Superannuation is a crucial aspect of financial planning, especially when it comes to securing your future during retirement. To build a substantial retirement nest egg, it’s important to understand the various types of contributions that can be made to your superannuation fund.
In this blog post, we’ll delve into the two main categories of contributions: concessional and non-concessional contributions, and explore the nuances of each.
Concessional contributions, also known as before-tax contributions, are funds that are deposited into your superannuation account before income tax is deducted. There are two primary forms of concessional contributions:
1. Compulsory Employer Contributions: These are the mandatory contributions made by your employer, typically at a rate of 9.5% of your salary. These contributions form the backbone of your superannuation savings and ensure a stable financial future.
2. Voluntary Concessional Contributions: Under this category, you have the flexibility to contribute extra funds to your superannuation account through salary sacrifice arrangements. These contributions are made before income tax is applied and can lead to potential tax
Non-concessional contributions, or after-tax contributions, involve depositing funds into your superannuation account after your income tax has been deducted. Here are the key types of non-concessional contributions:
1. Personal Contributions: These voluntary contributions are made from your personal funds. They can be both concessional and non- concessional in nature. Depending on your financial goals and circumstances, you can choose to contribute funds that have already been taxed or those that will be taxed within your super fund.
2. Employer Contributions: While most employer contributions fall under the concessional category, it’s worth noting that some employers may choose to make non-concessional contributions on your behalf. This could be part of a remuneration package or other arrangements.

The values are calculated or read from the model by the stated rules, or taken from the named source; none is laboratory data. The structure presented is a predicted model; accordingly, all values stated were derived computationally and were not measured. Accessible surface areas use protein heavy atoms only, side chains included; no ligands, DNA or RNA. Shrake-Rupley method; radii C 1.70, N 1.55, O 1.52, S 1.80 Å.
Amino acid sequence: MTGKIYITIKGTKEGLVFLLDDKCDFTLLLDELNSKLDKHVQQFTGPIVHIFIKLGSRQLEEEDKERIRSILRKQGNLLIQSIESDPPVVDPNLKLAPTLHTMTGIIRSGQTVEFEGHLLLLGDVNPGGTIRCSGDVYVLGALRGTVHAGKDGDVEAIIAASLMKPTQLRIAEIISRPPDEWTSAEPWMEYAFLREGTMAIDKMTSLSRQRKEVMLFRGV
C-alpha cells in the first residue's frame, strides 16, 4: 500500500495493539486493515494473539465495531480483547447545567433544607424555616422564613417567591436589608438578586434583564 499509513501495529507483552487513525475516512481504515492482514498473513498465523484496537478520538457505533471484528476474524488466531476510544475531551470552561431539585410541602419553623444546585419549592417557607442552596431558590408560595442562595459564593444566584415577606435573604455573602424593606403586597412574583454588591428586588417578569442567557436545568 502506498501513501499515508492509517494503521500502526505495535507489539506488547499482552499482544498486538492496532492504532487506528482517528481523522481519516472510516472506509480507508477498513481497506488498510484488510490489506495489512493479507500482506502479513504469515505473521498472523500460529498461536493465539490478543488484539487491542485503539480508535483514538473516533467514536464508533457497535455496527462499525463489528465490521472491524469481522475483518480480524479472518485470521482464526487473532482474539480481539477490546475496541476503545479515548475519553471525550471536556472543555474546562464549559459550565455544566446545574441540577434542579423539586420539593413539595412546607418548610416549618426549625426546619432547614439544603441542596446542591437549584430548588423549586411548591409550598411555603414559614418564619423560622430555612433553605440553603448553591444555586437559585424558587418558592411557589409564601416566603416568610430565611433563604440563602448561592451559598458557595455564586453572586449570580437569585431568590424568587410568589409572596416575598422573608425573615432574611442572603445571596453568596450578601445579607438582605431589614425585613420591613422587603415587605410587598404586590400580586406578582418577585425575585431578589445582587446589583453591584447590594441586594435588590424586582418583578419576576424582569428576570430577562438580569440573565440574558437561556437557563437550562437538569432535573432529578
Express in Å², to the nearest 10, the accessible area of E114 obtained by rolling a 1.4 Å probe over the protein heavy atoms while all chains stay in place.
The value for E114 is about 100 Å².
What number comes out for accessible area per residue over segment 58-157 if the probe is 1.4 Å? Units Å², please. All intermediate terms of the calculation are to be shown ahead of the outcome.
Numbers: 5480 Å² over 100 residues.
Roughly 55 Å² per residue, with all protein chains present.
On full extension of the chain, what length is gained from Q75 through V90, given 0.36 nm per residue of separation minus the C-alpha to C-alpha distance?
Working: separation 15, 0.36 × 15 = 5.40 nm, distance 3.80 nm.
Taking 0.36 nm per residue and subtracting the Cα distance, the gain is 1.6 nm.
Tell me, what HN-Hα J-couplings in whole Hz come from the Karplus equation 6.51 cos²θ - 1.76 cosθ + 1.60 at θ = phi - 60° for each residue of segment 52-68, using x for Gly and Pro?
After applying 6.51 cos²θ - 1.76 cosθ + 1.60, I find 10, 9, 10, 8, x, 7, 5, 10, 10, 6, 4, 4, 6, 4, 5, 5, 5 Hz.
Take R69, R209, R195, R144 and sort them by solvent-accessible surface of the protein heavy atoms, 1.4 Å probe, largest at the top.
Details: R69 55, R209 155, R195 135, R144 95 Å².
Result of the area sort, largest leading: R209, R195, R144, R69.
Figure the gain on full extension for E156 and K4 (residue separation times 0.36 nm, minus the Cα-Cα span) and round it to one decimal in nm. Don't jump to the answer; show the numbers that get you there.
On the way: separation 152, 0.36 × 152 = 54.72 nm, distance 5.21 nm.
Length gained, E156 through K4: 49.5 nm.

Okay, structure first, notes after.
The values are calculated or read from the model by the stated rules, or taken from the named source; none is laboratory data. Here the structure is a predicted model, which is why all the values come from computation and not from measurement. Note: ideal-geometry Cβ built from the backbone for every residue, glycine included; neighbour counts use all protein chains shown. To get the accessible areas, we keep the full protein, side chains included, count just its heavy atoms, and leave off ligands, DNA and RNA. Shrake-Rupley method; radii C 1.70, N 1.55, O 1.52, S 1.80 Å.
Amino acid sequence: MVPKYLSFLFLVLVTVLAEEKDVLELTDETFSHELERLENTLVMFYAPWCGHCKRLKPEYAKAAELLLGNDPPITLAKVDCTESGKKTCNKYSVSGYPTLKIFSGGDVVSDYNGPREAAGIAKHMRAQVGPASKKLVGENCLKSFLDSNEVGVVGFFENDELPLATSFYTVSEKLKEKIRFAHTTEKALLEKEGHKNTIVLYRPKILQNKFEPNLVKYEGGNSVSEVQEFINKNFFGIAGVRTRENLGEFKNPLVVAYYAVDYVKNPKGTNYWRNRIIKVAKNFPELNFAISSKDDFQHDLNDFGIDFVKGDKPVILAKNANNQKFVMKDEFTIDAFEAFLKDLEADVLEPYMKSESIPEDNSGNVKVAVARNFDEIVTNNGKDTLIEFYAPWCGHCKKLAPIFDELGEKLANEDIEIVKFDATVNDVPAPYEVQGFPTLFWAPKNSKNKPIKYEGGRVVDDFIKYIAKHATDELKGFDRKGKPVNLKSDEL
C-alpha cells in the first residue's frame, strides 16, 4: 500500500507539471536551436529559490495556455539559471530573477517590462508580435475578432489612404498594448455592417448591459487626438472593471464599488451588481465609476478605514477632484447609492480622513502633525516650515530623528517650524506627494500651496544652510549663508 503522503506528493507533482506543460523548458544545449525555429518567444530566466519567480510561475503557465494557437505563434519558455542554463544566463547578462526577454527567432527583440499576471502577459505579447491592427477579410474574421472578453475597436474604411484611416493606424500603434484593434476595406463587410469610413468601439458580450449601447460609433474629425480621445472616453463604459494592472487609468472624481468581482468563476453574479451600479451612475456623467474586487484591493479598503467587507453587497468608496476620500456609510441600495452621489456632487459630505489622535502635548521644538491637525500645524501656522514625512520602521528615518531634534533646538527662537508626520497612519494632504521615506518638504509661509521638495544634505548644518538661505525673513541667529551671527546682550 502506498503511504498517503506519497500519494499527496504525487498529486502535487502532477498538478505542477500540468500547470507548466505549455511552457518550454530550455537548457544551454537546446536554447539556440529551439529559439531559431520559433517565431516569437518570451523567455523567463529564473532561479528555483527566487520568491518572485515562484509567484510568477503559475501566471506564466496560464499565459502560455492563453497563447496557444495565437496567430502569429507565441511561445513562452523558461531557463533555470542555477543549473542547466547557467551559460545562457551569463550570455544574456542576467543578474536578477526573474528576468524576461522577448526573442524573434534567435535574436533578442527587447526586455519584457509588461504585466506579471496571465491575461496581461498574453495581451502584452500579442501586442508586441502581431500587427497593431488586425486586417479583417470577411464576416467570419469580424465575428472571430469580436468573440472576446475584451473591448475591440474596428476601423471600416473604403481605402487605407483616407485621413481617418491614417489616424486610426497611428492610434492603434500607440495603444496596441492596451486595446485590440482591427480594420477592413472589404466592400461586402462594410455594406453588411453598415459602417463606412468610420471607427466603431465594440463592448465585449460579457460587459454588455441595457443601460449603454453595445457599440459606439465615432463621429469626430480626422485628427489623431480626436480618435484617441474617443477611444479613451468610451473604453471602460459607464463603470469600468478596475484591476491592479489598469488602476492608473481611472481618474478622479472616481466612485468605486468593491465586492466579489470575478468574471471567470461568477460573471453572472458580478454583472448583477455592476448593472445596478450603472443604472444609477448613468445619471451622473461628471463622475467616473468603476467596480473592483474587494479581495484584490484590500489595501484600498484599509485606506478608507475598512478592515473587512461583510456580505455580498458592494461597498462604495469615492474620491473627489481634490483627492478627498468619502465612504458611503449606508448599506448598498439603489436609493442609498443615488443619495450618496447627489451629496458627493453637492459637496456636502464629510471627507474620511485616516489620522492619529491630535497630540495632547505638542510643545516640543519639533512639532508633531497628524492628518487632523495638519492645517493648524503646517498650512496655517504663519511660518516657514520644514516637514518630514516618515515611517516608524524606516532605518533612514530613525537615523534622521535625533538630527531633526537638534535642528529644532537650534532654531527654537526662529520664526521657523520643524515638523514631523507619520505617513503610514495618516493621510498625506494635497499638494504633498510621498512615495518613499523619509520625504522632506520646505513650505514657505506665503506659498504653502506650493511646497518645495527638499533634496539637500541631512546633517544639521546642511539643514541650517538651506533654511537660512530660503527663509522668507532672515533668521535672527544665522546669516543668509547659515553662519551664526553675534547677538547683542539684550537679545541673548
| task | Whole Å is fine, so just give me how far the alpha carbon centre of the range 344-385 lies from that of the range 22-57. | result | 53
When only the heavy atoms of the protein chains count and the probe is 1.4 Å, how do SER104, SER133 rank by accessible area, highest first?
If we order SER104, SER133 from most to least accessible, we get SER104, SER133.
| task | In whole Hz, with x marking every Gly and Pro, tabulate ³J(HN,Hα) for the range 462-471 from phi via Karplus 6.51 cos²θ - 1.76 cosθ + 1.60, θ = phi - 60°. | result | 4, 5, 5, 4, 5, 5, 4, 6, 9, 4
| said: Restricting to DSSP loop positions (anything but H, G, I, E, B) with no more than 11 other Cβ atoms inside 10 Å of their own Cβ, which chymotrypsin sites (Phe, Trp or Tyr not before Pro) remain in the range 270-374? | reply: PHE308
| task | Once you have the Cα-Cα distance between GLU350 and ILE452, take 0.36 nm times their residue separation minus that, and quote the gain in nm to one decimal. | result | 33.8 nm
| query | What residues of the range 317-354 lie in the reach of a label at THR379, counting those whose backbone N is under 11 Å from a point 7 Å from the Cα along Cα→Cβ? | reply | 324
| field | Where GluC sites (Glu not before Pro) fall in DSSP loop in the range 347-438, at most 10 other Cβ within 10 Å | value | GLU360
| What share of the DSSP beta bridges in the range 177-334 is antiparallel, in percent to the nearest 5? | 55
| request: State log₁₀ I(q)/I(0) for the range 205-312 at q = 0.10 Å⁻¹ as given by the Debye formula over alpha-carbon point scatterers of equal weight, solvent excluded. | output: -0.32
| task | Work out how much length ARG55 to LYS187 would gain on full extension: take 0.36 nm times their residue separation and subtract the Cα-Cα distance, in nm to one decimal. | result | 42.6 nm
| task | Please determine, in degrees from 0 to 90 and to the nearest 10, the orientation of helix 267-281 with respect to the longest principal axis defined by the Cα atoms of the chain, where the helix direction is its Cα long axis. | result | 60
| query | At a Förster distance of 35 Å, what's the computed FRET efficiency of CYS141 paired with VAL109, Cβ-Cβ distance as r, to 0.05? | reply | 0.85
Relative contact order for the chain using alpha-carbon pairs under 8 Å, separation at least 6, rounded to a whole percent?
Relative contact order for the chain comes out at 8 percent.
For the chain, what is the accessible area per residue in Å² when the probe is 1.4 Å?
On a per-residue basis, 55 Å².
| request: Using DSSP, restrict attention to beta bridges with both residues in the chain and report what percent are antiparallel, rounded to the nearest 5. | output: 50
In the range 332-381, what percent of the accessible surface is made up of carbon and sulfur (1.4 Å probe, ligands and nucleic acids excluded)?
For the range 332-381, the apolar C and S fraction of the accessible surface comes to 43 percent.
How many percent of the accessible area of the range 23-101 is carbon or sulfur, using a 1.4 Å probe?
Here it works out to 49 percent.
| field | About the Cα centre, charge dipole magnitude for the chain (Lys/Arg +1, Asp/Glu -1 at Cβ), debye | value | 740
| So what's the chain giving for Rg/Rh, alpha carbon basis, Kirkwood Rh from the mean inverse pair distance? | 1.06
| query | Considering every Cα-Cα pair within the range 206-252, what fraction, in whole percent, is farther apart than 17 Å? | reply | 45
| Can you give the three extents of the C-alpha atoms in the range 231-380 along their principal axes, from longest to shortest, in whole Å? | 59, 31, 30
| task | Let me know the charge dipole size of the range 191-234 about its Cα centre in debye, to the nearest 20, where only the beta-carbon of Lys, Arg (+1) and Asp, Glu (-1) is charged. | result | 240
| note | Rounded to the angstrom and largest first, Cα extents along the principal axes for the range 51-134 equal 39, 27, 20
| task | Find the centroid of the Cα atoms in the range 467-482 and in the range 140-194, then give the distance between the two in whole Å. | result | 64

3. Salary Sacrifice: Similar to employer contributions, salary sacrifice involves making additional contributions to your superannuation by sacrificing a portion of your pre-tax salary. This strategy not only helps increase your super balance but also offers potential tax advantages.
Understanding Contribution Caps
Both concessional and non- concessional contributions have limits, known as caps, to ensure fairness and maintain the integrity of the superannuation system. The concessional contributions cap is set at $25,000 per annum, covering employer contributions and voluntary concessional contributions.
The non-concessional contributions cap stands at $100,000 per annum or up to $300,000 over three years using the bring-forward rule, depending on your circumstances.
Concessional contributions offer tax advantages through salary sacrifice and employer contributions, while non-concessional contributions provide flexibility by allowing after-tax deposits.
By making informed decisions and staying within the contribution caps, you can build a solid foundation for a financially secure retirement.
If you have any questions or need assistance, contact us today to tailor your superannuation strategy according to your unique goals and circumstances.